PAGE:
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[479a] I will say, let him answer me, that good1 fellow who does not think there is a beautiful in itself or any2 idea of beauty in itself always remaining the same and unchanged, but who does believe in many beautiful things—the lover of spectacles, I mean, who cannot endure to hear anybody say that the beautiful is one and the just one, and so of other things—and this will be our question: My good fellow, is there any one of these many fair-and-honorable things that will not sometimes appear ugly and base3? And of the just things, that will not seem unjust? And of the pious things, that will not seem impious?” “No, it is inevitable,” he said, “that they would appear [479b] to be both beautiful in a way and ugly, and so with all the other things you asked about.” “And again, do the many double things4 appear any the less halves than doubles?” “None the less.” “And likewise of the great and the small things, the light and the heavy things—will they admit these predicates any more than their opposites?” “No,” he said, “each of them will always hold of, partake of, both.” “Then is each of these multiples rather than it is not that which one affirms it to be?” “They are like those jesters who palter with us in a double sense at banquets,” he replied, “and resemble the children's riddle5 [479c] about the eunuch and his hitting of the bat—with what and as it sat on what they signify that he struck it. For these things too equivocate, and it is impossible to conceive firmly6 any one of them to be or not to be or both or neither.” “Do you know what to do with them, then?” said I, “and can you find a better place to put them than that midway between existence or essence and the not-to-be? For we shall surely not discover a darker region than not-being7 that they should still more not be, [479d] nor brighter than being that they should still more be.” “Most true,” he said. “We would seem to have found, then, that the many conventions8 of the many about the fair and honorable and other things are tumbled about in9 the mid-region between that which is not and that which is in the true and absolute sense.” “We have so found it.” “But we agreed in advance that, if anything of that sort should be discovered, it must be denominated opinable, not knowable, the wanderer between being caught by the faculty that is betwixt and between.” “We did.” “We shall affirm, then, that those who view many beautiful things [479e] but do not see the beautiful itself and are unable to follow another's guidance10 to it, and many just things, but not justice itself, and so in all cases—we shall say that such men have opinions about all things, but know nothing of the things they opine.” “Of necessity.” “And, on the other hand, what of those who contemplate the very things themselves in each case, ever remaining the same and unchanged—shall we not say that they know and do not merely opine?” “That, too, necessarily follows.” “Shall we not also say that the one welcomes to his thought and loves the things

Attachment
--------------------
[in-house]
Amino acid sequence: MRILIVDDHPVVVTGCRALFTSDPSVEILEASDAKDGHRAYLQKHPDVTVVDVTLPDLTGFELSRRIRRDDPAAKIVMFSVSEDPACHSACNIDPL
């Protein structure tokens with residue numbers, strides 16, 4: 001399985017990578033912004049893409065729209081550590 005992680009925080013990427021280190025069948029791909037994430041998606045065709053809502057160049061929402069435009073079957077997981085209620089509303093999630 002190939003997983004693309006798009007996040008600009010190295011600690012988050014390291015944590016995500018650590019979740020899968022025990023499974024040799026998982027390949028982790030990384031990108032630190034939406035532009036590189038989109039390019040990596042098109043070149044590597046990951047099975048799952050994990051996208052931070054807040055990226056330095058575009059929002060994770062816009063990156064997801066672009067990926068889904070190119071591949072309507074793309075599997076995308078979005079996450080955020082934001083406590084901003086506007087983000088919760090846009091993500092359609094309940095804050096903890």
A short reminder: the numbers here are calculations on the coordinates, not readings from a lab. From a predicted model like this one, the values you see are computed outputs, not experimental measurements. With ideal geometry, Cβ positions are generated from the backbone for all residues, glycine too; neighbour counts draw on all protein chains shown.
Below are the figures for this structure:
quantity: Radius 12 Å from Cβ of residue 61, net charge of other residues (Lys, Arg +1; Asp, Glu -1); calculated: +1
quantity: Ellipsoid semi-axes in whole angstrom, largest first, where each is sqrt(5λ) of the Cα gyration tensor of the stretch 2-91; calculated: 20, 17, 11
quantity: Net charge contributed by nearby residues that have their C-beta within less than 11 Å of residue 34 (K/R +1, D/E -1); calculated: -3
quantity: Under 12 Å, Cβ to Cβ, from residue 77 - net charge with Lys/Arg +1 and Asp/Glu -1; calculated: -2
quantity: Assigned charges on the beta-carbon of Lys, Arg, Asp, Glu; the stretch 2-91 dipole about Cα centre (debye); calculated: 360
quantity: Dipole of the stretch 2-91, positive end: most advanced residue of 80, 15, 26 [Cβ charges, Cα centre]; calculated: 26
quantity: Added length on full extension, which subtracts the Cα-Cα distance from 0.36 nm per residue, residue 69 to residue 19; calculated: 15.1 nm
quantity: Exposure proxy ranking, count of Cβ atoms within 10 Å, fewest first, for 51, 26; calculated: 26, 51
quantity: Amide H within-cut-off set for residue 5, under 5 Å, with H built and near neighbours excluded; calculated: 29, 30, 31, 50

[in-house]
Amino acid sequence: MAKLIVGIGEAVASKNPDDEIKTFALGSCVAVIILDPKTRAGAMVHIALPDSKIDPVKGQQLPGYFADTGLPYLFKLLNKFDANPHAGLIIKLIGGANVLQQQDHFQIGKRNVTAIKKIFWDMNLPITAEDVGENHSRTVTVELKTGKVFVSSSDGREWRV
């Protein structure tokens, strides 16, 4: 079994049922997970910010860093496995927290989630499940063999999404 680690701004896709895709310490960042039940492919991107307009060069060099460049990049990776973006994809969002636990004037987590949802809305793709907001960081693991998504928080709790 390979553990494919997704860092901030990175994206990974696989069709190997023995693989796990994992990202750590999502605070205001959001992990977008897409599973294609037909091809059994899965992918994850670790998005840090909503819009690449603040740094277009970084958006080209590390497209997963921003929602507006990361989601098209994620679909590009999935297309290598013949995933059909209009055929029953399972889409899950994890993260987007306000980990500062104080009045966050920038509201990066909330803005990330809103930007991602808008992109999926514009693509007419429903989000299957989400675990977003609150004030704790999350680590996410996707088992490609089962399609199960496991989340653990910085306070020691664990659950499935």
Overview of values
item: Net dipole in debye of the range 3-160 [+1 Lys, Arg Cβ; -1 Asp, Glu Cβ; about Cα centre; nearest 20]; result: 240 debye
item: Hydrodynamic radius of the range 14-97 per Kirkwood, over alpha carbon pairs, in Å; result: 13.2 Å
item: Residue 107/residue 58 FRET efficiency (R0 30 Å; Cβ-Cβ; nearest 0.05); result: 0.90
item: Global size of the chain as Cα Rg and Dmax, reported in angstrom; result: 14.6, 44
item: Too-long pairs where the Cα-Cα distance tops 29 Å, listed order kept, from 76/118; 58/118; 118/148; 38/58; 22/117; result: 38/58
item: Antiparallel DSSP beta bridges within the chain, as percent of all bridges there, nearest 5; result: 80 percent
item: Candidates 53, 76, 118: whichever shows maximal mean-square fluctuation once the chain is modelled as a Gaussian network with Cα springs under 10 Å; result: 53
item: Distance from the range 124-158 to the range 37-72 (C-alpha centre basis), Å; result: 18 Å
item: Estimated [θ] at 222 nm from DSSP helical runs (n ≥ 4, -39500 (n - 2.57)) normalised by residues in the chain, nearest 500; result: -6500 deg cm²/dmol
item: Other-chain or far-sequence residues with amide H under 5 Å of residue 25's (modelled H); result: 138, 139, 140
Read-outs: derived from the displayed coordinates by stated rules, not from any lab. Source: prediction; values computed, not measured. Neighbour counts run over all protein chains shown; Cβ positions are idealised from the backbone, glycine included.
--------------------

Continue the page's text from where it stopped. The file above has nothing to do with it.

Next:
1 Ironical. Cf. Phaedrus 266 E.